Genitalia. Female: Suranal plate, Fig. 1 (SAP), with lateral margin slightly rounded and tapering to a rounded apex distally; margin bears a row of setae; rest of plate sparsely clothed with setae. Subgenital plate, Fig. 2 (SGP), 3.4 wider than long; rounded laterally; distally the plate is produced into two rounded points, widely emarginate between; whole plate clothed with setae. Male: Suranal plate, Fig. 3 (SPL), sides convex proximally, notched 0.7 from proximal end; distally the plate is trilobed, the two outer lobes each tapering to a point, while the median lobe is rounded; two outer lobes thickly clothed with setae; rest of plate sparsely clothed with setae. Subgenital plate (hypandrium), Fig. 4 (H), subequal in length to width. Lateral margin convex. Distally between the insertion of the styli the plate is trilobed, the median lobe being pointed at the apex and strongly keeled; with lateral lobes less strongly pointed and thickly clothed with setae; rest of plate sparsely clothed with setae. Subgenital plate completely covers gemtalia. Disto-laterally it bears two styli (S), one on each side, thickly clothed with setae, length of styli being 0.4 length of sternite IX. Parameres, Figs. 3, 4 (P), attenuated, broad at base and tapering to a rounded apex. Penis not visible. Paraprocts, Fig. 4 (PP), short, broader than long.

Localities. North Canterbury (type locality) and Banks Peninsula, among dead wood.

Types. Lectotype male and paratype male and female in Canterbury Museum Collection.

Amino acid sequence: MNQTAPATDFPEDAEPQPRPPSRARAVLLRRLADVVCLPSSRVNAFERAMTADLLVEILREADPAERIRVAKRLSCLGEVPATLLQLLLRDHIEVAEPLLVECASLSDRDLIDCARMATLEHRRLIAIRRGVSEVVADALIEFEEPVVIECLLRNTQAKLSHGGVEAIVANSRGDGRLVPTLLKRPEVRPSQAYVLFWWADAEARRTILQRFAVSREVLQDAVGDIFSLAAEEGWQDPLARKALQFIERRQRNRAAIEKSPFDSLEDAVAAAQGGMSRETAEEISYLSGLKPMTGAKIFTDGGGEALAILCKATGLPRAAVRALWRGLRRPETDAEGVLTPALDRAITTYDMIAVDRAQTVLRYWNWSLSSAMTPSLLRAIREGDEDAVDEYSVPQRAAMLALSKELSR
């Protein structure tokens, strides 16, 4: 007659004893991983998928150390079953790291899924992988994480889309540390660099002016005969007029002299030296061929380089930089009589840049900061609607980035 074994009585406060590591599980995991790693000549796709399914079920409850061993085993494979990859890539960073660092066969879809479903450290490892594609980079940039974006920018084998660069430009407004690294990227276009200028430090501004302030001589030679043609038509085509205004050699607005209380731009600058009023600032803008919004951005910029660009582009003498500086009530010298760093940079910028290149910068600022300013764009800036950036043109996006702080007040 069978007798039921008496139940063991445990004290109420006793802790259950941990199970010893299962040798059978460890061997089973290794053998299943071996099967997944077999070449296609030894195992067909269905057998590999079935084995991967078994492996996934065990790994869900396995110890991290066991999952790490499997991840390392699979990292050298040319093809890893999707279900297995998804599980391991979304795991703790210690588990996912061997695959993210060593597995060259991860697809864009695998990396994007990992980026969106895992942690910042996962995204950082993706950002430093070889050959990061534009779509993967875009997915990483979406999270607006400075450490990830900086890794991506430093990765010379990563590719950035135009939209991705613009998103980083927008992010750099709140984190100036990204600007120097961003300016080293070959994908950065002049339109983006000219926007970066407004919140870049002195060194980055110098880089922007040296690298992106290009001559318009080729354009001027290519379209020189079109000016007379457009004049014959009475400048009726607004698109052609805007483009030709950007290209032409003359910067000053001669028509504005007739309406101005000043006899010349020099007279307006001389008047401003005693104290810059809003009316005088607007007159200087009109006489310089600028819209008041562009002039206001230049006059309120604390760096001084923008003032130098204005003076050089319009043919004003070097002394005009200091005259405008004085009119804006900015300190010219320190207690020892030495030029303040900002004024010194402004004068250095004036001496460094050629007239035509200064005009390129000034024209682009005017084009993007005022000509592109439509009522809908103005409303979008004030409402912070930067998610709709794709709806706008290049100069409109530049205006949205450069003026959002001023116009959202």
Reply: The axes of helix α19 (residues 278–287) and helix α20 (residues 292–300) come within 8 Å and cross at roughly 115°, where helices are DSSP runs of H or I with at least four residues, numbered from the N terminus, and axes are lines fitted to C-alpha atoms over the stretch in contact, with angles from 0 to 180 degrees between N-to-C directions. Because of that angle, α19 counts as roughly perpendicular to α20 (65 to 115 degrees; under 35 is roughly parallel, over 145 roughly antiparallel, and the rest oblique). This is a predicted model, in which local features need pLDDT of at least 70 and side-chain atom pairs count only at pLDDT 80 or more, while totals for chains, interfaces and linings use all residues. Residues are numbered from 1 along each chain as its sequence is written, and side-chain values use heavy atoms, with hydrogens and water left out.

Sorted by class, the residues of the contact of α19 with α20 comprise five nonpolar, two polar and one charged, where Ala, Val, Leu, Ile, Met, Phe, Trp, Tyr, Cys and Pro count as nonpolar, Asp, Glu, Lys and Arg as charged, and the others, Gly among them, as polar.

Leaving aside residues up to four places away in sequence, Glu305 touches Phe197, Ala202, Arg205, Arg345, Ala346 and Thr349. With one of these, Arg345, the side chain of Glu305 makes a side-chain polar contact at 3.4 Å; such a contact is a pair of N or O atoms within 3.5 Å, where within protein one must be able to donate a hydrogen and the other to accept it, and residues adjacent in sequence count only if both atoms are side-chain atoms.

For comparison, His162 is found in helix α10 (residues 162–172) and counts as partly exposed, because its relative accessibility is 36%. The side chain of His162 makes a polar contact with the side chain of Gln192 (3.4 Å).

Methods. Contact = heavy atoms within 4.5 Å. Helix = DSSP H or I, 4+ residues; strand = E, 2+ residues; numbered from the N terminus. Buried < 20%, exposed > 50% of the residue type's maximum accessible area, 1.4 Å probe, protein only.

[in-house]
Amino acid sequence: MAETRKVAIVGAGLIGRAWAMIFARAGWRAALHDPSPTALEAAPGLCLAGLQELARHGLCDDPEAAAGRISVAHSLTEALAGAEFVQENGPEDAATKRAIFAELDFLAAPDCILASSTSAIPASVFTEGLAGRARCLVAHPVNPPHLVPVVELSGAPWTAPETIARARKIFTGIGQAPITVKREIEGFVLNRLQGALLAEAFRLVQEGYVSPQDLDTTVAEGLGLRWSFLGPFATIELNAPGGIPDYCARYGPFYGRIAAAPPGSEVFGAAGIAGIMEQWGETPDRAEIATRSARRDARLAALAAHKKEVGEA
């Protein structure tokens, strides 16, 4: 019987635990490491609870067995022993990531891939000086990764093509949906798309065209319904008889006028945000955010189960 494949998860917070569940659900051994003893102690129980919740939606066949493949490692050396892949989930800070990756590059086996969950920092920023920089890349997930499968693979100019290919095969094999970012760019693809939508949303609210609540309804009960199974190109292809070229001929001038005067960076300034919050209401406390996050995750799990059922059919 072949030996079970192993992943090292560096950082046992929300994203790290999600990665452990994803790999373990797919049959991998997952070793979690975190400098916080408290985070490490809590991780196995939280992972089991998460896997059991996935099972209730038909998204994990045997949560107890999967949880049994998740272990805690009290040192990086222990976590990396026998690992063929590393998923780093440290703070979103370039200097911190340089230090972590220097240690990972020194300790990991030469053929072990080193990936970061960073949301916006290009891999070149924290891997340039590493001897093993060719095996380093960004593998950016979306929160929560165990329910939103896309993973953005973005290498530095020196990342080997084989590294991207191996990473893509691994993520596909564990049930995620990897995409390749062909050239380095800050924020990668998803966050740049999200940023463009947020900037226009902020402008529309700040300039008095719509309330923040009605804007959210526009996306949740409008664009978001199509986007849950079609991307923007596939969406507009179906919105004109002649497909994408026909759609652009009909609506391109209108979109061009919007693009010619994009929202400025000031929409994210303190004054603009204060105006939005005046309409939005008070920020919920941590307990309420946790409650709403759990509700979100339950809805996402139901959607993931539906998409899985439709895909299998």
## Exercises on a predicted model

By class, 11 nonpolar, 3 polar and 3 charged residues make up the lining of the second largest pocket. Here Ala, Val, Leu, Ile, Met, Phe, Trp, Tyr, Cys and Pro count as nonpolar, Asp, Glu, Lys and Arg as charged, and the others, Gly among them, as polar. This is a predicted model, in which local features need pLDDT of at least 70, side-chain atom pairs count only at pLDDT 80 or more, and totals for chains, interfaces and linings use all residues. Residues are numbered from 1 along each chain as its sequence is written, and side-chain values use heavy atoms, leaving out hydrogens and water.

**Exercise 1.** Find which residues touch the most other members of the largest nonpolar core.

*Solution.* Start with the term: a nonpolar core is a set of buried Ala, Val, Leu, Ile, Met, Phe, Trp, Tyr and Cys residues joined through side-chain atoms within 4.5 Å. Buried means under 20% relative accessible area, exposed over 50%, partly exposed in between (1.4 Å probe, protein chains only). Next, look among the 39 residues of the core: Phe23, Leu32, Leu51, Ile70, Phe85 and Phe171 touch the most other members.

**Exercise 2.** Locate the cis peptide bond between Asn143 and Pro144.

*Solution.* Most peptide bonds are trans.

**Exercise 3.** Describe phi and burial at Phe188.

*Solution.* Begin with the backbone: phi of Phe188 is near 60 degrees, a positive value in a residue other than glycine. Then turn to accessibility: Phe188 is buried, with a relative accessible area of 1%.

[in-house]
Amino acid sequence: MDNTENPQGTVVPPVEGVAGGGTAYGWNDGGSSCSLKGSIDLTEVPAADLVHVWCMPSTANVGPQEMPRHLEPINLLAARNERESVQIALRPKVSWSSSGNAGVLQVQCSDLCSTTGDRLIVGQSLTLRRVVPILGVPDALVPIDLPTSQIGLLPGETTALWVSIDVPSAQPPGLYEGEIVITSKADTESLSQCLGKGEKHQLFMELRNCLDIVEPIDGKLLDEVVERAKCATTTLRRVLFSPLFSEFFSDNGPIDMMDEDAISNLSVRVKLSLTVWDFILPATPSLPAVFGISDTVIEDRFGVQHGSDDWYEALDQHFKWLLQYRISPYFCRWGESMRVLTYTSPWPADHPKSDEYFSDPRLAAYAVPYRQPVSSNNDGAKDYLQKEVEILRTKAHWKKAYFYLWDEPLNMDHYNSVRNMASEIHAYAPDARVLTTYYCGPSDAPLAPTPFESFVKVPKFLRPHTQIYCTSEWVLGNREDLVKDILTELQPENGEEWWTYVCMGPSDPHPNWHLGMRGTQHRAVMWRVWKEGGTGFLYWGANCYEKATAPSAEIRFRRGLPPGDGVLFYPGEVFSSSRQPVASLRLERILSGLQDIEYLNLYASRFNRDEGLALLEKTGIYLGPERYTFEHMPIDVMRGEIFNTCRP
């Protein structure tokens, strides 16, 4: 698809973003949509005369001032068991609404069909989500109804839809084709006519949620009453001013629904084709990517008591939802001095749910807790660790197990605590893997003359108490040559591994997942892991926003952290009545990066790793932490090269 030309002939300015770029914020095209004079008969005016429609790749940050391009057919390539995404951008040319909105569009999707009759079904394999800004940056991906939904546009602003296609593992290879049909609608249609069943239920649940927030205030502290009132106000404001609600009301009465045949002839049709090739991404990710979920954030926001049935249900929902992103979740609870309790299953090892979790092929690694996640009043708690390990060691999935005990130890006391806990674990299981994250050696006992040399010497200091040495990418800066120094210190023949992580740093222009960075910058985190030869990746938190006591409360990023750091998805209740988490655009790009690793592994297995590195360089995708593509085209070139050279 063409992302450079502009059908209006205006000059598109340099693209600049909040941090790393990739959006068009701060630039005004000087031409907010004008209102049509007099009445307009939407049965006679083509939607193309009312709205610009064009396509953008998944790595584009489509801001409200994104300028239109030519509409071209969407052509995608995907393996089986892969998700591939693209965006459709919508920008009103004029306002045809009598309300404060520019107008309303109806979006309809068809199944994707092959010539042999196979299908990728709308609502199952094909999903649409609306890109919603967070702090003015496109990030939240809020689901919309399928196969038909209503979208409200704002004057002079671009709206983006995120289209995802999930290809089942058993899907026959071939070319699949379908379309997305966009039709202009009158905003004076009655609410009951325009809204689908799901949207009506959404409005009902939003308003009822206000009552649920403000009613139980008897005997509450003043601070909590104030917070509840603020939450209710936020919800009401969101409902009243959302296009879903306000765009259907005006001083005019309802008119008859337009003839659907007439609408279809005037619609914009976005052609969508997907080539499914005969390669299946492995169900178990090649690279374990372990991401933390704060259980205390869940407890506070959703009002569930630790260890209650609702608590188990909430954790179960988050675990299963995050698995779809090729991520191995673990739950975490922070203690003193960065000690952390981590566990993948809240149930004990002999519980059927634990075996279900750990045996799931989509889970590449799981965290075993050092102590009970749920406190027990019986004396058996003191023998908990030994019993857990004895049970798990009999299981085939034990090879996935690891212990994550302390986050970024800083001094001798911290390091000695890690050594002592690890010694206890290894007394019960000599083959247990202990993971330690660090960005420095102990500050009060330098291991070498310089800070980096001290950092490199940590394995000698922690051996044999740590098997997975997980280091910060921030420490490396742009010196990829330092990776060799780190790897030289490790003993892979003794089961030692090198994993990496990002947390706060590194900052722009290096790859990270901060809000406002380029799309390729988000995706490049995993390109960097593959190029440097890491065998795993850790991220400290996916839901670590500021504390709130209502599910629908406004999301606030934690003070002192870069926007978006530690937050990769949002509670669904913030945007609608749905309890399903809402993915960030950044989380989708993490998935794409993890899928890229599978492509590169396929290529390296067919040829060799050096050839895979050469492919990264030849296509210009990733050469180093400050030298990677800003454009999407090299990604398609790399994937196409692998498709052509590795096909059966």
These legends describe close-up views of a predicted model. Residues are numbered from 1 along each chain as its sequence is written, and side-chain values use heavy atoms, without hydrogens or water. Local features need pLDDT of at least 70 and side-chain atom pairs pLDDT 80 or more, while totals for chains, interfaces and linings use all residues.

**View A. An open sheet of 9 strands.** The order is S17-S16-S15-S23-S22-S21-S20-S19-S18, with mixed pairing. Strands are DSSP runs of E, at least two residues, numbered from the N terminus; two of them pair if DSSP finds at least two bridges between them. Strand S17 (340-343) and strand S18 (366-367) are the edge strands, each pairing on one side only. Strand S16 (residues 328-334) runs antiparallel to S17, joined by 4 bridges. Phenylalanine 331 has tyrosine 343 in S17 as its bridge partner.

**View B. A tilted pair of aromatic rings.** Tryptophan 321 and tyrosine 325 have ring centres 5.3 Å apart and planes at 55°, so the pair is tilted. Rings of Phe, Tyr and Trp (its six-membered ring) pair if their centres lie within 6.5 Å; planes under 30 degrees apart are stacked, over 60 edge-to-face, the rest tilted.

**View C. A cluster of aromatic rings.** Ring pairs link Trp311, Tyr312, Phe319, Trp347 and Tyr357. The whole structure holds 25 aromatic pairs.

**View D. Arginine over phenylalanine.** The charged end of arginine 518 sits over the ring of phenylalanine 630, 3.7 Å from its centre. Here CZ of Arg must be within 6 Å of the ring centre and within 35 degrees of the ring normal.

Pleioplectron hudsoni Hutton, 1897.

  • 1897. Pletoplectron hudsoni Hutton, Trans. N.Z. Inst., 29: 234.

Pleioplectron hudsoni was described by Hutton from a single male specimen collected in Wellington by G. V. Hudson, after whom the species was named.

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The female remains unknown, and no further specimens of this species have been collected since. Unfortunately the type material is lost, and the paucity of description and illustrations will make it very difficult to recognise this species again.

Pleioplectron pectinatum Hutton, 1897. Text-fig. 2, figs. 1–2.

  • 1897. Pleioplectron pectinatum Hutton, Trans. N.Z. Inst., 29: 234.

Pleioplectron pectinatum was described by Hutton from two male specimens collected from Banks Peninsula. The female of this species is still unknown. Only one specimen is available today for examination, and it is in a rather poor state of preservation. However, from this specimen it is possible to detect several points of difference from Hutton's description. There is probably a printing error in the third line of his description which says, “Fore and hind femora unarmed below; hind femora, below, with two minute spines”. The first “hind femora” the author takes to be middle femora, as this agrees with the actual specimen. Of the tibiae he says, “Fore and middle tibiae with two spines in each row below, none above”. In the specimen the fore tibiae have three prolateral and three retrolateral spines below, and the middle tibiae two prolateral and three retrolateral spines below. Of the hind tibia he says, “with about twenty-five spines in each row” whereas there are really twenty-seven or twenty-eight. He did not record the thick clothing of setae on the antennae, but described them as “sparingly covered with hairs”. According to Hutton the subgenital plate is “transverse, with a narrow keel ending in a point”. Re-examination of the specimen shows it to be trilobed distally, the median lobe being keeled. The length of the body is 12 mm, not 15 mm as stated by Hutton, but this may be due to shrinkage of the specimen in alcohol. Since Hutton's time no further specimens of this species have been collected.